From Beijing, she has a lot of connections with the house, especially with “Mama” Chantal Vervuren. Haanappel really impressed the family. “They want to learn, too.”
She says that because of her involvement and the connection she feels with van Zandert, Hannabel became part of the Brabant family. And the artistic fighter herself sees it this way. “Joanne has become a family. We are very close. They have almost daily contact.
Collect returnable bottles
Despite the support of SKN, it wasn’t always easy for Van Zundert to pursue her dream in top sports. When she was 14, she would go door to door collecting deposit bottles. She wanted to use the proceeds to fund a training trip to the United States.
“She’s a hard worker and does everything to improve her,” says Karen Herijers, her Belgian coach. “If you say to her: You have done your kurta ten times, she will do it ten times, without saying anything.” And according to Herrigers, this is an indispensable attribute of the best sports.
She finds her willpower all the more impressive. She does a lot of training hours and she keeps it up really well. And that’s tough, because she doesn’t have a big group to train with abroad. Not that Van Zundert trains himself. She works with the Belgian Loena Hendrickx.
She may be very disciplined, but to get started, you have to get on with a task. If Hergers didn’t encourage her, she wouldn’t. Her coach believes that she is not used to showing initiative. There Grandma says in the morning: You have to jump rope several times. She doesn’t do it alone.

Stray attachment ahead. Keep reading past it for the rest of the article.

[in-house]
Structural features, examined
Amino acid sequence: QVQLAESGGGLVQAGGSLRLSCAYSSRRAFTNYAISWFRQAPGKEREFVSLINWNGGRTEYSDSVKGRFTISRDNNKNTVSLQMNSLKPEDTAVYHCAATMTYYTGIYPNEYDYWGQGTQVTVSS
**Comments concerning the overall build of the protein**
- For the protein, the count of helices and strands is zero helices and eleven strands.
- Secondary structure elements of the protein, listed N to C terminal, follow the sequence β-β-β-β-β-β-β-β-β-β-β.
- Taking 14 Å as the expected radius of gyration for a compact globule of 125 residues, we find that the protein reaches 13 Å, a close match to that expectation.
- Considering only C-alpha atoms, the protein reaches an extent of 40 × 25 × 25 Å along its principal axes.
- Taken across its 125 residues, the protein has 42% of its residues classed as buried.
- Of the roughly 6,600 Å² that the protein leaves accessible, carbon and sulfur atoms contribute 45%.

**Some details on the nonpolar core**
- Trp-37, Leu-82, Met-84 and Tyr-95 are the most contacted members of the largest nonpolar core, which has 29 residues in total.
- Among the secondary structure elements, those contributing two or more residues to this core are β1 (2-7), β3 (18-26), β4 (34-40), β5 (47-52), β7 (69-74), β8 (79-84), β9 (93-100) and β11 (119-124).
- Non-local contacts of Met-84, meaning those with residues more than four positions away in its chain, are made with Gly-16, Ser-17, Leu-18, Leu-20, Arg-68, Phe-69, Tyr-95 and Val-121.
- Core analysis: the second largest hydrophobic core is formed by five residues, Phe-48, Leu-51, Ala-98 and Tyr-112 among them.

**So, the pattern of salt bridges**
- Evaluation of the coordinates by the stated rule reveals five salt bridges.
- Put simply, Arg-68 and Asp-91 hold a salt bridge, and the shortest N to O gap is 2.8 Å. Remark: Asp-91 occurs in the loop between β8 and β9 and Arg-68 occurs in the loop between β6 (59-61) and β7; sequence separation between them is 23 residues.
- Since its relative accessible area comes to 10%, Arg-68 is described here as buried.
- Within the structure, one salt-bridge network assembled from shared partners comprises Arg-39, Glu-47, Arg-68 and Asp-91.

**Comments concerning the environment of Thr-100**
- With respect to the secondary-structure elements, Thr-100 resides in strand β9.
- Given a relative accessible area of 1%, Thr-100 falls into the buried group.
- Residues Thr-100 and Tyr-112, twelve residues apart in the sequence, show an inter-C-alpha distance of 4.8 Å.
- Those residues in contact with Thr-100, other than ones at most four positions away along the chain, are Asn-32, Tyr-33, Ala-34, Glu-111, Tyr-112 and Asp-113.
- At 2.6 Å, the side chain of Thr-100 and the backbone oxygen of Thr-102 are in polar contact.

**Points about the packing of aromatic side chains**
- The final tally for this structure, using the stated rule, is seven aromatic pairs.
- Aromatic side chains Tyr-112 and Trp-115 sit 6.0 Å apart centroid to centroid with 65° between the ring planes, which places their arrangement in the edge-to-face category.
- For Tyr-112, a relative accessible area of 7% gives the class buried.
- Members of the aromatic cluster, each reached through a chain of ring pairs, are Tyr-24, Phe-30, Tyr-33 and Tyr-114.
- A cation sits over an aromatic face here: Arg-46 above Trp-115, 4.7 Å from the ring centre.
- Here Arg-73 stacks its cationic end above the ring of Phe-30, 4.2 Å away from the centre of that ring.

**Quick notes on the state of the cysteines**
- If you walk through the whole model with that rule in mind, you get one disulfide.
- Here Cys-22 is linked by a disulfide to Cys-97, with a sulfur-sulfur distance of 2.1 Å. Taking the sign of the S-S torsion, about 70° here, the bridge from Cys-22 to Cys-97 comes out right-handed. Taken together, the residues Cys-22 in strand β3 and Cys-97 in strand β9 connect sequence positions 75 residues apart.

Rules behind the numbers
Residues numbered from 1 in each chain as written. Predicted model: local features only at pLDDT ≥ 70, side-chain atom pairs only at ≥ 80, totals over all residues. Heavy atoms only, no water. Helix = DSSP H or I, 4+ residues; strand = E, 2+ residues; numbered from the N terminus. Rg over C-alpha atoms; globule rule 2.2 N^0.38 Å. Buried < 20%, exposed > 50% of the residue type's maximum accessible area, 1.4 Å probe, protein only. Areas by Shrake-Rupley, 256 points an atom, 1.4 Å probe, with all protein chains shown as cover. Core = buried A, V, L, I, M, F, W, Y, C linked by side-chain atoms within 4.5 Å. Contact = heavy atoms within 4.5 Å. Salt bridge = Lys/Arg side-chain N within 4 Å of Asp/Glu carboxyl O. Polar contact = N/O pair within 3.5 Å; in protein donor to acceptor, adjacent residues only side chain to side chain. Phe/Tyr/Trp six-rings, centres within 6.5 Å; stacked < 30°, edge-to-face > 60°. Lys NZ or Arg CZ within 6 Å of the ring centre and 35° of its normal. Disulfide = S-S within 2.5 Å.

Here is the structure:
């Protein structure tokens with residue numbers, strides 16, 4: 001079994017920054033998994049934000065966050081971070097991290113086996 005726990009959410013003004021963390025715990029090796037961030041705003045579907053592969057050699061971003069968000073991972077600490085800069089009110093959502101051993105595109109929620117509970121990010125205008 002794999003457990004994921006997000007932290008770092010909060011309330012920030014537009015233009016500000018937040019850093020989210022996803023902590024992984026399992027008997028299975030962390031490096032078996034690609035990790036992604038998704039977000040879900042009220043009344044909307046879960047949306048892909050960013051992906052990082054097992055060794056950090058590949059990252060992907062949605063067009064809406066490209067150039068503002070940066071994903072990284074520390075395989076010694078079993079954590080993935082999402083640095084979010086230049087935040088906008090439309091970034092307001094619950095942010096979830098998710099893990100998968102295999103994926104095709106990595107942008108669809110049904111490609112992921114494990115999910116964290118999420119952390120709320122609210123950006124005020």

Last winter, Van Zundert made his debut at the World Figure Skating Championships in Stockholm. To everyone’s surprise, she took 16th place. Such a good result has not happened since 1976. Although the qualification requirements for NOCNSF in the last Olympics were usually 12th at the World Cup, this time around, Parachute Sports showed itself more lenient. Van Zundert’s 16th place was good enough.
This year she did not reach the freestyle swimming at the European Championships. Just as in the Games, only the top 24 best short freestyle swimmers are allowed to advance to the second part of the tournament. Van Zandert finished 27th in the European Championships.
It’s not that easy for her either. Many predictions arose in one year. At the World Cup, she was still open-minded and then it’s hard to live up to that again,” says Hannabel. She is smart and knows that people expect a lot from her. But we say: you should not get involved in it.
Games as school
For Van Zundert, the Olympics are expressly meant to be a training course. NOCNSF’s indulgence also arose from this idea. She is young, who can gain important experience and become more famous in the world. Jurek Hendricks said last year that it plays a role, consciously or unconsciously, in jury evaluations. The Belgian was assistant coach at the time. “It is important for the referees to get to know you and this is only possible by participating in the biggest tournaments.”
Hirigers noted that these are exciting days for Van Zandert on Sunday during one of his recent training sessions. He is scheduled to have a short free swim for Tuesday. Before leaving Heerenveen she was very self-confident and strong. I feel like she’s under a lot of pressure right now. She feels a lot of pressure on herself. I see Lindsay different here than I saw in the Netherlands. I think we still need to give her a mental boost.
This doesn’t have to be a bad sign, Herrigers is quick to say. Van Zandert was also very nervous at last year’s World Cup in Stockholm. “And then it did really well, so we shouldn’t panic.”